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Manliness: The Robert Mitchum Way Kindle Edition
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Even the title is a provocation in today's stifling, Politically Correct culture. But Bell -- obviously in the spirit of his book's subject -- couldn't care less about pandering to that culture.
"We are fast losing something essential in American life," he says in the opening pages: "the man who knows how to be a real man; who knows how to treat women and children and community; who knows how to fight for what's right and honorable and who takes seriously his role as warrior and protector and father...[S]omewhere in the past sixty years that kind of tradition has been ridiculed by those who think there should be no such thing as manliness, that society would be better served by doing away with virtually any word that has 'man' in it.
"How's that working out?"
Challenging prevailing post-feminist dogma, Bell tells us the dark consequences from the emasculation of our society. But while cursing that darkness, "I happened to spot a candle. It was a light known as Robert Mitchum." Mitchum's movie roles, he concluded, all represent "some aspect of the quintessential American male. Even in films where he assumed the role of villain there is a lesson to be learned -- the consequences of violating manly virtues."
Citing the iconic actor's best films, Bell draws a host of lessons in manhood -- of what it means to be "a real man." They include such chapter titles as "A real man refuses to play the patsy." "A man keeps his word, even if he'd rather not." "When insulted by a bully, a man stays cool" -- "But a man isn't afraid to get hot when he needs to." "Once a man takes on a tough job, he doesn't quit."
And on it goes, with lessons about how a man treats women and children, keeps his marriage vows, builds muscles, handles liquor -- and female rejection, takes responsibility, assumes leadership, respects soldiers -- and even accepts such controversial principles as: "A real man sometimes has to kill the bad guys."
No, this book takes no prisoners, metaphorically or literally. It is emphatically not for the aspiring Beta Male, or for women who enjoy pushing such malleable creatures around. "What used to be called 'manly virtues' have been dismissed and denigrated over the last forty years or more," he says in summary. "This acid drip began (as acid drips usually do) in the halls of academia. Gradually the poison seeped into society at large until denigration morphed into accept wisdom. But it is the wisdom of fools. For robust manliness is not only necessary for the vitality of America (*America* as an ideal has also been acid-dripped by the academy), but also for order, civility, protection, and romantic love..."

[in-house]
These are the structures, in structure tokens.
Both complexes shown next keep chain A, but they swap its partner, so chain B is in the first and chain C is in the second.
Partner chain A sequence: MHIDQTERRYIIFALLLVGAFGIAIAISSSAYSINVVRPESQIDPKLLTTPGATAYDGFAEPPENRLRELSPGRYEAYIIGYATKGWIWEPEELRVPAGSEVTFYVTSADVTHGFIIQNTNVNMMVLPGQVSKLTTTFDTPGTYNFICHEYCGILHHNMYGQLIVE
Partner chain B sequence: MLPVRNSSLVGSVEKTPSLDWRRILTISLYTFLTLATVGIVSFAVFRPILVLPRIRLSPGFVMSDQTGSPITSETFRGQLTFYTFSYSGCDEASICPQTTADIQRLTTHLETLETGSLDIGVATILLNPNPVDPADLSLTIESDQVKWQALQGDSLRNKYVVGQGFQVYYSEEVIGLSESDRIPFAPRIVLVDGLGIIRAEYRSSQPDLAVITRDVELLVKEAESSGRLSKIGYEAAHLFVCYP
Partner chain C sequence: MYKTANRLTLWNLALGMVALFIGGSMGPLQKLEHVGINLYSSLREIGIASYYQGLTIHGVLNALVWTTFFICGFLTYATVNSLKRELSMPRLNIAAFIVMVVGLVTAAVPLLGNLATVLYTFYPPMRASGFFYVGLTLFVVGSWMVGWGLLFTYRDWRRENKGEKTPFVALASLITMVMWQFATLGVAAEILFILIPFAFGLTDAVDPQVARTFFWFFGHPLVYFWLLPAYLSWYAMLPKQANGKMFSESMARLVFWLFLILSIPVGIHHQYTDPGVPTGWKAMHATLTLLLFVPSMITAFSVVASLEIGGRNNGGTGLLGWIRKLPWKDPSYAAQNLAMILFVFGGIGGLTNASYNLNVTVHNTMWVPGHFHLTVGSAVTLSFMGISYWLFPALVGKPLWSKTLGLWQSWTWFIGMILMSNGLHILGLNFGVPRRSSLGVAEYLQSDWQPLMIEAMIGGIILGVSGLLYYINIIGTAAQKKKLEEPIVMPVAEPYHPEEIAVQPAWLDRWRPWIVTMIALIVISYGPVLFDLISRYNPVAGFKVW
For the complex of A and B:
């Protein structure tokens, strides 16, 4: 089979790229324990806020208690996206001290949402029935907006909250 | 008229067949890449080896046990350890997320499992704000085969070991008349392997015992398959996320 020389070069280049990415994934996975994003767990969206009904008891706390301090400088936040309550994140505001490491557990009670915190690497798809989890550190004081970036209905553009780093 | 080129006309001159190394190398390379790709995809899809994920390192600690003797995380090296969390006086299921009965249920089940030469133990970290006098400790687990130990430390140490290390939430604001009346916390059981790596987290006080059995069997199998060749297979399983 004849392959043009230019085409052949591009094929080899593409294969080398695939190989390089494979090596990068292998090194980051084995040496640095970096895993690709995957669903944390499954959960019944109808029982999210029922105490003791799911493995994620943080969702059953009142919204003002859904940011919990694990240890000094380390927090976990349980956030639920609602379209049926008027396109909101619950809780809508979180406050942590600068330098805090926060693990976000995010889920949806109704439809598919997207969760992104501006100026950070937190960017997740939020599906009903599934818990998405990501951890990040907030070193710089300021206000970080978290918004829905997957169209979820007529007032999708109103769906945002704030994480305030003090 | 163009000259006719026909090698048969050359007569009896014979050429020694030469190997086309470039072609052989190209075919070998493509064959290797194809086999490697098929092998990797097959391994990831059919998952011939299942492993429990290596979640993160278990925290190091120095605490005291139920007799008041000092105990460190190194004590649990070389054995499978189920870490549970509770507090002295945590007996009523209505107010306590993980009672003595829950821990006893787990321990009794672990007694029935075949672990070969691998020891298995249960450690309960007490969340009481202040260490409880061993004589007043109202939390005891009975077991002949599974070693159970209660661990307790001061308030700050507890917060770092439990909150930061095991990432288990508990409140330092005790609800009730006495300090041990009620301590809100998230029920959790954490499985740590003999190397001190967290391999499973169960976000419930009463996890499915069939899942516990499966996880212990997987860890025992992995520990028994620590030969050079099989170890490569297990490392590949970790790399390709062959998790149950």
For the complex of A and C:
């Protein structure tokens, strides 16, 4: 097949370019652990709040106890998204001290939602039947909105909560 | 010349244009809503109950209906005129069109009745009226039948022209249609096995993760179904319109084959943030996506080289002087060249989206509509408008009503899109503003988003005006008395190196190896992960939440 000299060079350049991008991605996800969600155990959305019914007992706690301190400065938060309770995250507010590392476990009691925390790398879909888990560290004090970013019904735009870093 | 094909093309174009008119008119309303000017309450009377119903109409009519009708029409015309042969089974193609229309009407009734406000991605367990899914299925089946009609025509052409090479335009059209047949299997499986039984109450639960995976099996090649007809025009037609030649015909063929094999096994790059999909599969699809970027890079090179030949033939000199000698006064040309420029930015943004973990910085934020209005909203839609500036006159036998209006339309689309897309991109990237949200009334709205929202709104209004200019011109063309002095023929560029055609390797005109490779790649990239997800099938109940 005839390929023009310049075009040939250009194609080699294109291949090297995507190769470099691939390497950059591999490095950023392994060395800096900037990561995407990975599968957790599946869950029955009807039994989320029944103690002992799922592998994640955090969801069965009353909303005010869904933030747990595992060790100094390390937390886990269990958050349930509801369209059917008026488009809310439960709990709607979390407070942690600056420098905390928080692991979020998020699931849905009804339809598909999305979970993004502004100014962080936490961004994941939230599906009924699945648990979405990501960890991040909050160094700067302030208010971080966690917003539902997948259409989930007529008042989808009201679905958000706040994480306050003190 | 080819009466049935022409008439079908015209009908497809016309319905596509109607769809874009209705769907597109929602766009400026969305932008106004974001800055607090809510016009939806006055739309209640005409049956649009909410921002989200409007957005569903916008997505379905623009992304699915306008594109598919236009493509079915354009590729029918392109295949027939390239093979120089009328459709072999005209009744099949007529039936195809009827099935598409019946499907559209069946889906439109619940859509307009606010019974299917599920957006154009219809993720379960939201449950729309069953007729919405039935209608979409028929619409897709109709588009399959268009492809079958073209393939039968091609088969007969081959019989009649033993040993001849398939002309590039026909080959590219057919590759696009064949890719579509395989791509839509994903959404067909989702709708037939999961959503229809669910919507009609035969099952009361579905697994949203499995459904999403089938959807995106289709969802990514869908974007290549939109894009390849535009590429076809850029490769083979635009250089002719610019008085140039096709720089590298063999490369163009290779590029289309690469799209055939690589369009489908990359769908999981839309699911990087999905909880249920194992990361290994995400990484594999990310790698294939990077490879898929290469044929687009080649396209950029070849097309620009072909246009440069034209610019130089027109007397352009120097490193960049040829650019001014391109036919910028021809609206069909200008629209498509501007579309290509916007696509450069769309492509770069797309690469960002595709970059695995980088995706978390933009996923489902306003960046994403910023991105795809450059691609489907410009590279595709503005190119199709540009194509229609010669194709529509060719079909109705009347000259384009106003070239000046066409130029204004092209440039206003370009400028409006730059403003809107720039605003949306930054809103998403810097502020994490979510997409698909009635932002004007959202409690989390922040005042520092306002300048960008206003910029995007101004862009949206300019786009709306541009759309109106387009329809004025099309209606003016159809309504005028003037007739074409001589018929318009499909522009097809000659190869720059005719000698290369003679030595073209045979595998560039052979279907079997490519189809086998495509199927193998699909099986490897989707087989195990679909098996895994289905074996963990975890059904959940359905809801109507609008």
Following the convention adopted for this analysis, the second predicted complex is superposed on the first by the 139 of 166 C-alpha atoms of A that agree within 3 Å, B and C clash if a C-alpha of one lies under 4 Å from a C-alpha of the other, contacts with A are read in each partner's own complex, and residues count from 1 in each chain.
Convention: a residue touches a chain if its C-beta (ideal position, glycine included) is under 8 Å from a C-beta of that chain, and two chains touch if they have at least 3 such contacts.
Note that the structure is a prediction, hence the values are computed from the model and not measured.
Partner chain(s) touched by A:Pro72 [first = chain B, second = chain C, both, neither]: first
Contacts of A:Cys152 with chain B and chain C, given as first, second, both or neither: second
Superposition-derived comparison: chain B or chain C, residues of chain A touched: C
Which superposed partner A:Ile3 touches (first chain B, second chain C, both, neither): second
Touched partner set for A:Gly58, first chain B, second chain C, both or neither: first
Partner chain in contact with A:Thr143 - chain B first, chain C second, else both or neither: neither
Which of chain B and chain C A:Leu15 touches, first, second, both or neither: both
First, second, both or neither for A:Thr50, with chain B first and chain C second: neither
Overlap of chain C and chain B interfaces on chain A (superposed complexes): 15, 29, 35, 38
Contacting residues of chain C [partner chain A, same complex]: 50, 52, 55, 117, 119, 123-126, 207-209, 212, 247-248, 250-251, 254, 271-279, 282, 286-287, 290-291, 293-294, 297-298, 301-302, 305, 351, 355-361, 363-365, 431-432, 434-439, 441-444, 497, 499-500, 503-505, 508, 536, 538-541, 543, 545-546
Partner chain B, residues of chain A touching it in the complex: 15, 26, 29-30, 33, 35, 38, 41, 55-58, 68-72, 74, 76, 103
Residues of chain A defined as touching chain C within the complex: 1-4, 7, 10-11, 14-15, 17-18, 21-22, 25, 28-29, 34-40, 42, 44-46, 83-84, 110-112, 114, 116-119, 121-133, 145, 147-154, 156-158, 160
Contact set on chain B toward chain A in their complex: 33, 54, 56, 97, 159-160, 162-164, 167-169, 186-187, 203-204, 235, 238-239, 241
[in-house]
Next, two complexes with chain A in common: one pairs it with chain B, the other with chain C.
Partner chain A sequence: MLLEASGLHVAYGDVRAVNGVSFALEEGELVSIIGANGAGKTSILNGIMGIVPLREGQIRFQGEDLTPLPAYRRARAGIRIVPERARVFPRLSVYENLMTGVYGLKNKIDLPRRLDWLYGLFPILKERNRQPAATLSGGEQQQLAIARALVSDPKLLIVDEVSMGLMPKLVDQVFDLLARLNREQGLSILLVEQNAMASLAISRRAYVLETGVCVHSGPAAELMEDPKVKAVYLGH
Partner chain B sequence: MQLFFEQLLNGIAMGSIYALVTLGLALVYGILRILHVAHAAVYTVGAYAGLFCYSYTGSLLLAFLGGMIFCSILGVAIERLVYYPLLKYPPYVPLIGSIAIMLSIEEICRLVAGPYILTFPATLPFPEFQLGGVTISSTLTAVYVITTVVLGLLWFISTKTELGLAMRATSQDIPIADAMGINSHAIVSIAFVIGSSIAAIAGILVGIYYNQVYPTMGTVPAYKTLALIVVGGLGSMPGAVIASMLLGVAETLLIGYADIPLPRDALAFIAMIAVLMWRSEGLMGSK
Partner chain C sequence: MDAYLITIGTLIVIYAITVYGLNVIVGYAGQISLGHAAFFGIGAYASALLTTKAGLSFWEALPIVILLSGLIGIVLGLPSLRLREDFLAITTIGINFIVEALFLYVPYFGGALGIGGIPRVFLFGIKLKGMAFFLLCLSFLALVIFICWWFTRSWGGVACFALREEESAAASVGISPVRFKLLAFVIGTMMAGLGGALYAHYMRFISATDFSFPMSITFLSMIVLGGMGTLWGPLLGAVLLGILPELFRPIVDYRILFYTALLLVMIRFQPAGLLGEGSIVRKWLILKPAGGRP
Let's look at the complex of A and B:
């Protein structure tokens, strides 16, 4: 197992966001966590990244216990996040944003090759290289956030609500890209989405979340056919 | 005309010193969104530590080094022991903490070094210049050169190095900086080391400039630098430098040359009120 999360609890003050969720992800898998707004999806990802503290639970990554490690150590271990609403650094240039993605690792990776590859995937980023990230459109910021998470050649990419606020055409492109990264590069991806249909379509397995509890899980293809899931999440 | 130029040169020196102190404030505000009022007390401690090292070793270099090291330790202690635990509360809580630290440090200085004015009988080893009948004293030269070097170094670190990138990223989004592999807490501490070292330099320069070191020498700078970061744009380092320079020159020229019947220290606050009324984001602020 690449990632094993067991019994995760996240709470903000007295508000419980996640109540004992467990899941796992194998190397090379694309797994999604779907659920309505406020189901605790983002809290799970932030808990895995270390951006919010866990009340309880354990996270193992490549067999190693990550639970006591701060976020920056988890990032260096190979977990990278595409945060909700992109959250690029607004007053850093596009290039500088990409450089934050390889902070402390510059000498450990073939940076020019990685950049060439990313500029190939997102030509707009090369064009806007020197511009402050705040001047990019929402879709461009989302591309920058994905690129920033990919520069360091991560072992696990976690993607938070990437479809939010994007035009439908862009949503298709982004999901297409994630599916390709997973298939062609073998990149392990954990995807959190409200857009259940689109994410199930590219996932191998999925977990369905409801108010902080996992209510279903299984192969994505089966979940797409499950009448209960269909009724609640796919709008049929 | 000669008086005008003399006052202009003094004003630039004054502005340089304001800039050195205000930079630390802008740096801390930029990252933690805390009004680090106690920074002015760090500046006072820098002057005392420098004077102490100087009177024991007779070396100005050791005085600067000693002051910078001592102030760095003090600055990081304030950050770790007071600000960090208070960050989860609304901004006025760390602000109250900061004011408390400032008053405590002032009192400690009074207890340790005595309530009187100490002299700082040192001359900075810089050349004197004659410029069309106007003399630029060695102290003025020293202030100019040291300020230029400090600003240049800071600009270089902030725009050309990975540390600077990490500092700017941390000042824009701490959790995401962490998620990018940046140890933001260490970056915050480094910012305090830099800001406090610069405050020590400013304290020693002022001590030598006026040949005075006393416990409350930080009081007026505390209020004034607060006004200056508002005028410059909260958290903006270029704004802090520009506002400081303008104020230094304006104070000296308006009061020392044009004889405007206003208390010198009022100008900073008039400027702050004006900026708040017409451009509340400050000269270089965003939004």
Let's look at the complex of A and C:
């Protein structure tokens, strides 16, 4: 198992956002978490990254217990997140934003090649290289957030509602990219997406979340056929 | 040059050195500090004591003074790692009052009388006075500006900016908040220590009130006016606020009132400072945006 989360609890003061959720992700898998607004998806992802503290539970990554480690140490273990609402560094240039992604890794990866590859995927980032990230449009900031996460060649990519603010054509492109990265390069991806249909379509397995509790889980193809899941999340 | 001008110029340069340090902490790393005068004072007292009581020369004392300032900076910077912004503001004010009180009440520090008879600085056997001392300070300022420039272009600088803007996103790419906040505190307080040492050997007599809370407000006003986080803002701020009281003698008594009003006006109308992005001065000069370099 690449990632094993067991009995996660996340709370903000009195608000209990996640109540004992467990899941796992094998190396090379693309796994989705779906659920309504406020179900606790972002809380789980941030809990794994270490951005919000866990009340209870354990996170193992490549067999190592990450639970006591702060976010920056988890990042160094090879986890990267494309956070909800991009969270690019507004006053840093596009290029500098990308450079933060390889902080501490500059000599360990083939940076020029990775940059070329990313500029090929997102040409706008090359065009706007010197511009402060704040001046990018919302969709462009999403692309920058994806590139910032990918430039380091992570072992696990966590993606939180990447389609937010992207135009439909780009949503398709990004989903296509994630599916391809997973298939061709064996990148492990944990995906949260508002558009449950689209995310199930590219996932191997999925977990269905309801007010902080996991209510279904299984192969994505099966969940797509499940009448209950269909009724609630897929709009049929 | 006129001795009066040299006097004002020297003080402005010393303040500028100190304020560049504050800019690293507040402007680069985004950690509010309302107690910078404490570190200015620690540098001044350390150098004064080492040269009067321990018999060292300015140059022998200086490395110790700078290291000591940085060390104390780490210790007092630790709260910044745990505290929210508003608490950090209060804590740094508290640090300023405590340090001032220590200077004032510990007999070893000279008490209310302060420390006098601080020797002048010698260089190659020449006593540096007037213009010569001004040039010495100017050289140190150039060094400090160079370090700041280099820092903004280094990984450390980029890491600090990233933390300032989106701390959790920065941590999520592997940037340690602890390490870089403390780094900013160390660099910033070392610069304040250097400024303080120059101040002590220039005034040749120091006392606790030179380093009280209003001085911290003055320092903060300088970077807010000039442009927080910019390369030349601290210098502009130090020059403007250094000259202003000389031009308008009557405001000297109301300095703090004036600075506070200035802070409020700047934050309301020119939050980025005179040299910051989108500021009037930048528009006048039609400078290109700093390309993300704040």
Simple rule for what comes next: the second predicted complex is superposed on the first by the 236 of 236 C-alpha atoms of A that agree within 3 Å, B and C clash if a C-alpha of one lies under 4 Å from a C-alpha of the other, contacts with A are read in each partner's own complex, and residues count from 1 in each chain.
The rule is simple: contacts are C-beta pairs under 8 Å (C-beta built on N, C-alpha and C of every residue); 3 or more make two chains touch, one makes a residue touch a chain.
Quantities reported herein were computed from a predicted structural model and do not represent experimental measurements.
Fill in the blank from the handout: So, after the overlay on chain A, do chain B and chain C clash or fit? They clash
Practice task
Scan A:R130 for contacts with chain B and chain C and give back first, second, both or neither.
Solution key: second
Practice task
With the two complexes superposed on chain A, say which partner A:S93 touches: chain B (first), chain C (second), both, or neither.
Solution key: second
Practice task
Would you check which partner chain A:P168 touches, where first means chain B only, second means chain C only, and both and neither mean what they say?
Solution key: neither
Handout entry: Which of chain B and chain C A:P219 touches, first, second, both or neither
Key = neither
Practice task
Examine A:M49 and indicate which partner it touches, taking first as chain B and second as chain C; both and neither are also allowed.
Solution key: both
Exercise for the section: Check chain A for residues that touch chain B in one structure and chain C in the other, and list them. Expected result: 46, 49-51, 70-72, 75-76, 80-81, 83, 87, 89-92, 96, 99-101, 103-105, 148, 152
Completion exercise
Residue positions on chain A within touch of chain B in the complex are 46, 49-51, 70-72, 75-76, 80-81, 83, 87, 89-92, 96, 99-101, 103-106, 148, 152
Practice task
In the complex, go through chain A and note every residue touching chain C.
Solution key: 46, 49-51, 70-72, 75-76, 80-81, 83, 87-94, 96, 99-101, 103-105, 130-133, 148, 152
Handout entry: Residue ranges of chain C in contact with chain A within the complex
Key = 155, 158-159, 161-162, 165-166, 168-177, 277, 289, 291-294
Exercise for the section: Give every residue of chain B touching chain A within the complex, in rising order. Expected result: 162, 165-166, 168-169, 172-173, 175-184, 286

This message resonated with me, as the same vision of manhood (and femininity) I depict and celebrate in my own thrillers. It's such a treat to find a respected and successful fellow author defending those values and principles, and without apology.
"Manliness: The Robert Mitchum Way" is a fast, simple, easy, and entertaining read. But the life lessons it offers men -- and women -- should be pondered and absorbed for long after they close the final page. It should be read by every man facing the artificial "gender roles" controversies of our era, and certainly by every father. For its wisdom is something that a real man will want to impart to his sons.
“Manliness” The Robert Mitchum Way” by the author, teacher James Scott Bell is several things at once.
First and foremost: the book is a plea for a return to the ideals of “manhood” that existed in the first half of the 1900’s. These are many and varied, exemplified by Bell by roles in the Robert Mitchum movies. These manly ideals passed through the ages and have disappeared in the last forty years. I agree the ideals have disappeared, but can not follow Bell in blaming the universities. Bell places an ideal in bold print at the top of every short chapter and then illustrates the point from a Robert Mitchum movie. Bell uses the roles of Mitchum, good guy and villain, to illustrate the ideals. The ideals are valid. Most of the time the analogy with the Mitchum movies is valid. And Bell adds in a few other movies and novels to make his points. Most surprising, but fitting is the long quote from President Theodore Roosevelt in his essay “The American Boy.” Yes, this is a good starting point for a study of manly values for modern families and men.
Second: the book is a hymn of praise for Robert Mitchum. I am not old enough to be steeped in the 1940’s and 1950’s Mitchum movies. And Bell is 6 years younger than I am. But Bell describes the movies and some brief scenes from them well, preserving the excitement of the scenes. It is obvious that Bell is a fan of these old movies, knowing them well, probably having had to seek them out. This book is most likely one of the best brief compilations of Robert Mitchum’s movies.
Third: the book is a treasure chest of stories of the old Mitchum movies and several of his co-actors, including Marilyn Monroe. While the shortness of the book - it can be read in about two hours - prevents lots of stories, those Bell tells are poignant and insightful.
I did find myself a little confused at points. Bell is inconsistent in naming a character and the actor. Bell varies from following a scene or plot by the actor’s name or the character’s name. Sometimes Bell switches back and forth.
The book reads well and easily, except for the above cravat. The points are well made and easily grasped. The book does achieve it’s premise of detailing Ideals Of Manliness. Yes, the book would be a great place to begin a study of manliness for families that want to take the time and effort to find all the old movies. But, just reading the book gets the ideals across well.
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